PETALING JAYA (June 14) – Crane heads dropping from the sky, concrete pieces swishing out of nowhere and other unidentified flying objects have become some of the latest destroyers of belongings, limbs and even lives in Malaysia. These “terminators” from construction sites have posed real dangers to their workers, as well as to the passers-by and residents around them.
Granted, rapid construction works may be inevitable as the nation gallops towards the developed status, but the mishaps due to a less-than-diligent attitude is something that can be totally avoided.
In a move towards a safer environment in and around construction sites, the Department of Occupational Safety and Health (DOSH) is mooting an amendment to the Occupational Safety and Health Act 1994.
“The law states that employers or main contractors will be held responsible [for construction site accidents]. But now, we will include developers and designers as well. The amendments are being finalised and will be tabled in Parliament,” DOSH director-general Omar Mat Piah was quoted as saying in The New Straits Times yesterday.
In an operation dubbed Ops Cegah Jatuh (Fall Prevention) carried out last Monday, Omar led 285 officers from the DOSH to spring surprise visits on various construction sites nationwide to check their compliance to safety regulations.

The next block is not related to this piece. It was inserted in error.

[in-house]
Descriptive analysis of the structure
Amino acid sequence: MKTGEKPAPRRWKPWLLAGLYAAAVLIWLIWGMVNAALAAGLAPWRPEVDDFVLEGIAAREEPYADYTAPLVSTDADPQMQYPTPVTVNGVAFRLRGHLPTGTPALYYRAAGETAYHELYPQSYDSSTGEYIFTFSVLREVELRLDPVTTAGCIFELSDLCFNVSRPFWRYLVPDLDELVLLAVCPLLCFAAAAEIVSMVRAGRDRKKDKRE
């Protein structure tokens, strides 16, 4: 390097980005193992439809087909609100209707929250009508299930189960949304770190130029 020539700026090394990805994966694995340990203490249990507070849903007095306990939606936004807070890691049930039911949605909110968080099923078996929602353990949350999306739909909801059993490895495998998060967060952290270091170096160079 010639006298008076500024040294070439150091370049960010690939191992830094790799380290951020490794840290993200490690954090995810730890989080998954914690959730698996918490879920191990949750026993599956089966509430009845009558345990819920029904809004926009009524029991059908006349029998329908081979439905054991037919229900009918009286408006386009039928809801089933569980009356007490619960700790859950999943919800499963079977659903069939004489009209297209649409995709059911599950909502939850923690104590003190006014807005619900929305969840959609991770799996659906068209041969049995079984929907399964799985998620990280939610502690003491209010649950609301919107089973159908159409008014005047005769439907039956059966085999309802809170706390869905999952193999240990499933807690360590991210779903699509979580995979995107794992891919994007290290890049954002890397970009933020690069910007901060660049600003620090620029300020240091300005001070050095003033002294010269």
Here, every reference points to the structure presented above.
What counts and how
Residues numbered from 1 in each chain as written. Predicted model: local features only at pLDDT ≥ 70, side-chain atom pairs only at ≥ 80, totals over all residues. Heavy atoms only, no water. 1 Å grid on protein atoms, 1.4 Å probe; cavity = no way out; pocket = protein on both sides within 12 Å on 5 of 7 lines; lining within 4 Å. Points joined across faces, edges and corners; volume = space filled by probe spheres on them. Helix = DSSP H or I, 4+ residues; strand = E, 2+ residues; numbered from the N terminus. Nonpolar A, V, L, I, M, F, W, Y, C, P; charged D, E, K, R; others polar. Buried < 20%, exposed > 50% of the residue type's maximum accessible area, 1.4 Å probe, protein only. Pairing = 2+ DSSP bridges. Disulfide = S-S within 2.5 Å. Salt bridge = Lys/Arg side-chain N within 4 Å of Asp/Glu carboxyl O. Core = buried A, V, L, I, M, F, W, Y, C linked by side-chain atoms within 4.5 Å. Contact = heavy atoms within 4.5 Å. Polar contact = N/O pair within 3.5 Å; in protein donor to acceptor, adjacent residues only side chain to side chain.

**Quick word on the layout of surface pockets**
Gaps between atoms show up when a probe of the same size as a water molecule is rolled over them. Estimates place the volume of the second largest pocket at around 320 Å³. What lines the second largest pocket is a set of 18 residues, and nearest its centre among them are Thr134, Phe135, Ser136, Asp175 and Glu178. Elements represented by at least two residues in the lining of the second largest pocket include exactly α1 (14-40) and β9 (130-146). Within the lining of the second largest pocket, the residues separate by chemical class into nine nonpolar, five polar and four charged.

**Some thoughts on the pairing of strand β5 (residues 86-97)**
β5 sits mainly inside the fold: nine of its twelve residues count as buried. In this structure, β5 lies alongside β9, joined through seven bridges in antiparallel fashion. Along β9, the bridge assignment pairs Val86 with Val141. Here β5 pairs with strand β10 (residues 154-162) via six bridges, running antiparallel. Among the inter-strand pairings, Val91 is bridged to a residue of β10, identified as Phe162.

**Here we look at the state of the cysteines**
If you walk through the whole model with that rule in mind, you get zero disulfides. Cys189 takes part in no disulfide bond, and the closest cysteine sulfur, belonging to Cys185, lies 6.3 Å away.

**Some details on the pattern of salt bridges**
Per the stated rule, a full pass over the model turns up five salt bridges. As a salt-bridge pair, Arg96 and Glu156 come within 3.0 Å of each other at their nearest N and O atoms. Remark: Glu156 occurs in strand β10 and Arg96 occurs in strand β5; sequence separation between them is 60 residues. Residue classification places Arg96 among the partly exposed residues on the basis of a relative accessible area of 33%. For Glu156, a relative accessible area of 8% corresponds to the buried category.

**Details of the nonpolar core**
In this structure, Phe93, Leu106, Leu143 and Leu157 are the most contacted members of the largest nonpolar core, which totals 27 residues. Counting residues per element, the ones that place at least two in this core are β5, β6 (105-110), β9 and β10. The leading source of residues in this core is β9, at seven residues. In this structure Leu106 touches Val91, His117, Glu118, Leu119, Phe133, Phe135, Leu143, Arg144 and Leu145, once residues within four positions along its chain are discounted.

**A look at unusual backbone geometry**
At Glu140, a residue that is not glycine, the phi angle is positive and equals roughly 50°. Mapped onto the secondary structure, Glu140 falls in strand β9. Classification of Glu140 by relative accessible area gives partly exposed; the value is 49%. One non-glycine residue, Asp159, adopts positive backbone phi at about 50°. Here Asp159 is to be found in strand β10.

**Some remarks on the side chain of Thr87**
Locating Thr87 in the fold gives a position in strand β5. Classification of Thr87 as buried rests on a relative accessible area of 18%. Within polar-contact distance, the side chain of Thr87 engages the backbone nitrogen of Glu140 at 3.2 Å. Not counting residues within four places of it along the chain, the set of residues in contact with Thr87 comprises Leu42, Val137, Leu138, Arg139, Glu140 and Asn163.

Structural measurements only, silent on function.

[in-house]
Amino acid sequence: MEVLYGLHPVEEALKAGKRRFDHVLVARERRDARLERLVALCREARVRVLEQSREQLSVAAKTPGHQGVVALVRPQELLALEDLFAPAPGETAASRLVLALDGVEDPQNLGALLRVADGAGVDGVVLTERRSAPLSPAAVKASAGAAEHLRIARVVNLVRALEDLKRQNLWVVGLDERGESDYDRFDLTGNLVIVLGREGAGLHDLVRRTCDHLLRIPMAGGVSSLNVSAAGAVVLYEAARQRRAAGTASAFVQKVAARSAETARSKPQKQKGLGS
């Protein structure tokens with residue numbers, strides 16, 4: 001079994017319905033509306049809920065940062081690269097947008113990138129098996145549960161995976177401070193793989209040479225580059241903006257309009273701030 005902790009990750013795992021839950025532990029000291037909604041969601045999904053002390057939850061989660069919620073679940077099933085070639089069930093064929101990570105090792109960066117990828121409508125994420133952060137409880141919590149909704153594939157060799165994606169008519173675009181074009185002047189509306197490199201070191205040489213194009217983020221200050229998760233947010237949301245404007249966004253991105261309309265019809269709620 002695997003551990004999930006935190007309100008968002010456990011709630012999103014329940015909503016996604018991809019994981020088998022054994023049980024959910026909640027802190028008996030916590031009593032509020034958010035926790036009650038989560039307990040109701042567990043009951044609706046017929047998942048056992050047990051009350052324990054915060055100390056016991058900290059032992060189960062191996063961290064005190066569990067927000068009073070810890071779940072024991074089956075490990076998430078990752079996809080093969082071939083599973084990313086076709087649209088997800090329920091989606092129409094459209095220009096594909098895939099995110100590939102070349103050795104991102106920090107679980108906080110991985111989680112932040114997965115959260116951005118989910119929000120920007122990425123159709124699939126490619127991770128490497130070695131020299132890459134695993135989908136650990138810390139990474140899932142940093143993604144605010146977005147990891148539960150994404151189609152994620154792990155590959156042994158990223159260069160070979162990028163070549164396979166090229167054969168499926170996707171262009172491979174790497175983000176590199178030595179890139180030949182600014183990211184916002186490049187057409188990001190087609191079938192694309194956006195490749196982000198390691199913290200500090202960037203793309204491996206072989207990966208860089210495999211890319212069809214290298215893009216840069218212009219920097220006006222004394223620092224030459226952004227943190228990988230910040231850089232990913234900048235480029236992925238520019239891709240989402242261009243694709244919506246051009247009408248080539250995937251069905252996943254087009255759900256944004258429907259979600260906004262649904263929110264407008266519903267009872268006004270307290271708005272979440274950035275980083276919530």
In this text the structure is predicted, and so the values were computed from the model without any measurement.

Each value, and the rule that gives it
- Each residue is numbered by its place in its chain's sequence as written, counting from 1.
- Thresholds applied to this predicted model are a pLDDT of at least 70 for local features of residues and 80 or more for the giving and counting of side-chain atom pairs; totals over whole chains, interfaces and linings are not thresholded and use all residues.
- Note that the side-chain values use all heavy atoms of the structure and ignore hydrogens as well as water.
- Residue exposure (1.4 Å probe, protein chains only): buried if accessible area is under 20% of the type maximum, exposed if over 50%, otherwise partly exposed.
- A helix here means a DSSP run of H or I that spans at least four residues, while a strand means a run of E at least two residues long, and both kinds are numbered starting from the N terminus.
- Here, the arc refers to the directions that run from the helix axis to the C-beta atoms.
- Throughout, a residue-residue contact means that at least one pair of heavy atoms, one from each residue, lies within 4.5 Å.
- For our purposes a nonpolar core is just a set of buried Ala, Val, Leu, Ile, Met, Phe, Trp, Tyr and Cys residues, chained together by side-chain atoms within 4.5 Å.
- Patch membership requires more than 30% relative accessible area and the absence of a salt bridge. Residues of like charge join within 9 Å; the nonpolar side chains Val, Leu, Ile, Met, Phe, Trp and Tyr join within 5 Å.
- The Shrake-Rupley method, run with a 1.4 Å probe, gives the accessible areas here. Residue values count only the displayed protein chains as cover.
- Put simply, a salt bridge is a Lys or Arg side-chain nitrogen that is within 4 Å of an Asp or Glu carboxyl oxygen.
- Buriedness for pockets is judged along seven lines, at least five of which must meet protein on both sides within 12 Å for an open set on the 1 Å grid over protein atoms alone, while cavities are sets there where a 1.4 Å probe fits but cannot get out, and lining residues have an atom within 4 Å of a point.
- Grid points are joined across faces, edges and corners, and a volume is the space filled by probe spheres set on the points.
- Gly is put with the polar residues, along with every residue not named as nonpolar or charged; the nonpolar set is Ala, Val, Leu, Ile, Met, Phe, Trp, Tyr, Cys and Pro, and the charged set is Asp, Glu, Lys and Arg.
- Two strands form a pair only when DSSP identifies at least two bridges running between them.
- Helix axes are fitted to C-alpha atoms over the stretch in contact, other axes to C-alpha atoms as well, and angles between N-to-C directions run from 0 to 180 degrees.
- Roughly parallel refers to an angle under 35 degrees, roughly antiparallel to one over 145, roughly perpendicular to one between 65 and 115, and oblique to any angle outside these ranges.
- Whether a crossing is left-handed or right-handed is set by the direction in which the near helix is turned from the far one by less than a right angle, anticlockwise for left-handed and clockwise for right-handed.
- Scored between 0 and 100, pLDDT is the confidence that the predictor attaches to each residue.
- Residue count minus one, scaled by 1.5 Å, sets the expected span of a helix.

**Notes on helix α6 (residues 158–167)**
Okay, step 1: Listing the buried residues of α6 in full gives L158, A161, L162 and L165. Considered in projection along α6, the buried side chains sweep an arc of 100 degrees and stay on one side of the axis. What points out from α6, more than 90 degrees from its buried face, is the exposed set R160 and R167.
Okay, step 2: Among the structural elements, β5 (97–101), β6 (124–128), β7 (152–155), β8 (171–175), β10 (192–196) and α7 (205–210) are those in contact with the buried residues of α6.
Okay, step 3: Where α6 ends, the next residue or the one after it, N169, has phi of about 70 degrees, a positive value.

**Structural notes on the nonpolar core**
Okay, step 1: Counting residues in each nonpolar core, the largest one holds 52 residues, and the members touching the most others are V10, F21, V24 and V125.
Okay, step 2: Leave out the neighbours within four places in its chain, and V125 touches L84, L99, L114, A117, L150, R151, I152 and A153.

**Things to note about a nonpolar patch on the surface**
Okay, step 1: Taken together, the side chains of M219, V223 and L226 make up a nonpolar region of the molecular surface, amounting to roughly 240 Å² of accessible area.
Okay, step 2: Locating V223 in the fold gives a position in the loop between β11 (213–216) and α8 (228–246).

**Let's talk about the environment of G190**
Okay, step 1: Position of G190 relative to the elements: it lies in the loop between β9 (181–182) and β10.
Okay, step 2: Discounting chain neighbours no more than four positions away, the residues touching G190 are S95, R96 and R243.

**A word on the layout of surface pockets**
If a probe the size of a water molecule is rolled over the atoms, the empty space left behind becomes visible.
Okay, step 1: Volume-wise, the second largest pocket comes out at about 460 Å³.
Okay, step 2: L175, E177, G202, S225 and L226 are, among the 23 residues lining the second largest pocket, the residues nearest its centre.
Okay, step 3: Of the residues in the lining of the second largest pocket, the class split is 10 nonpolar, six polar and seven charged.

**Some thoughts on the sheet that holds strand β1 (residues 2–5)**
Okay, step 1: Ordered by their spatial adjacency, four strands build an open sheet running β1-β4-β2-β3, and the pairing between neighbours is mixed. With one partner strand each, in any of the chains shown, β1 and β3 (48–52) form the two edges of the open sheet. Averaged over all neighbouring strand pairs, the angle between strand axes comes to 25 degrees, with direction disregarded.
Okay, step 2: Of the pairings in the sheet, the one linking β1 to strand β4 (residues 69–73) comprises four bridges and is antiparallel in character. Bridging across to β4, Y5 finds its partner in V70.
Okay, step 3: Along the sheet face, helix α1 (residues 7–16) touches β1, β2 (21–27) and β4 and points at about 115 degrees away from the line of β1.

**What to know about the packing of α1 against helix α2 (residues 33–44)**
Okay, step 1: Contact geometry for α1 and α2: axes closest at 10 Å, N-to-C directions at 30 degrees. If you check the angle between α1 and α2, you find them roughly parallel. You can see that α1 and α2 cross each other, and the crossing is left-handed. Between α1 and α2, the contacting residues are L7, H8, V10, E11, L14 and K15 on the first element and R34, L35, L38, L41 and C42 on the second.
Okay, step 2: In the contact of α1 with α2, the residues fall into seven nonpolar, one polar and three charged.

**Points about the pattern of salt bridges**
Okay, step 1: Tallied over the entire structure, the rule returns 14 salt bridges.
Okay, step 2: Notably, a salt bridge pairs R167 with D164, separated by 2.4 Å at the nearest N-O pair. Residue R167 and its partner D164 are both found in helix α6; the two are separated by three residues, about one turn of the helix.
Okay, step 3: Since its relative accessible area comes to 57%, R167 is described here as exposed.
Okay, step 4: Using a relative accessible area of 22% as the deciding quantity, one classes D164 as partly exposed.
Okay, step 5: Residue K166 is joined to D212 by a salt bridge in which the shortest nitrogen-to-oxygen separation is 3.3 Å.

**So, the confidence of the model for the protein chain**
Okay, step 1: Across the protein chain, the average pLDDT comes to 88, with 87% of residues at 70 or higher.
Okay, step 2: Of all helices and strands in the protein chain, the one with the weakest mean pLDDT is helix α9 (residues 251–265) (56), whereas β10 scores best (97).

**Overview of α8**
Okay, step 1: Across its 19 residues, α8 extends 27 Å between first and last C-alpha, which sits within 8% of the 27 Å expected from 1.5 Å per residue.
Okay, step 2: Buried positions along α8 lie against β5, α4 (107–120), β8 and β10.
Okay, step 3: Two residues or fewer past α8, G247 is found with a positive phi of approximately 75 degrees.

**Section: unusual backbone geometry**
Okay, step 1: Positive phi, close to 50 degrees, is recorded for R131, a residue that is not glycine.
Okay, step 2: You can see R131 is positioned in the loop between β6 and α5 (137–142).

In a press statement released by the National Human Resource Ministry, it was reported that the operation, focusing on works involving liftings in multi-storey buildings, covered 96 construction sites. A total of 656 notices of compliance and 61 order letters were issued against various breaches, including exposed barriers at high level work sites, lack of plan for lifting activities, and lack of entry and exit passage for heavy vehicles.
Employers and contractors were reminded that each wrongdoing may be penalised up to RM50,000.
Omar added that last year, 4,266 accidents and 183 deaths were recorded at construction sites.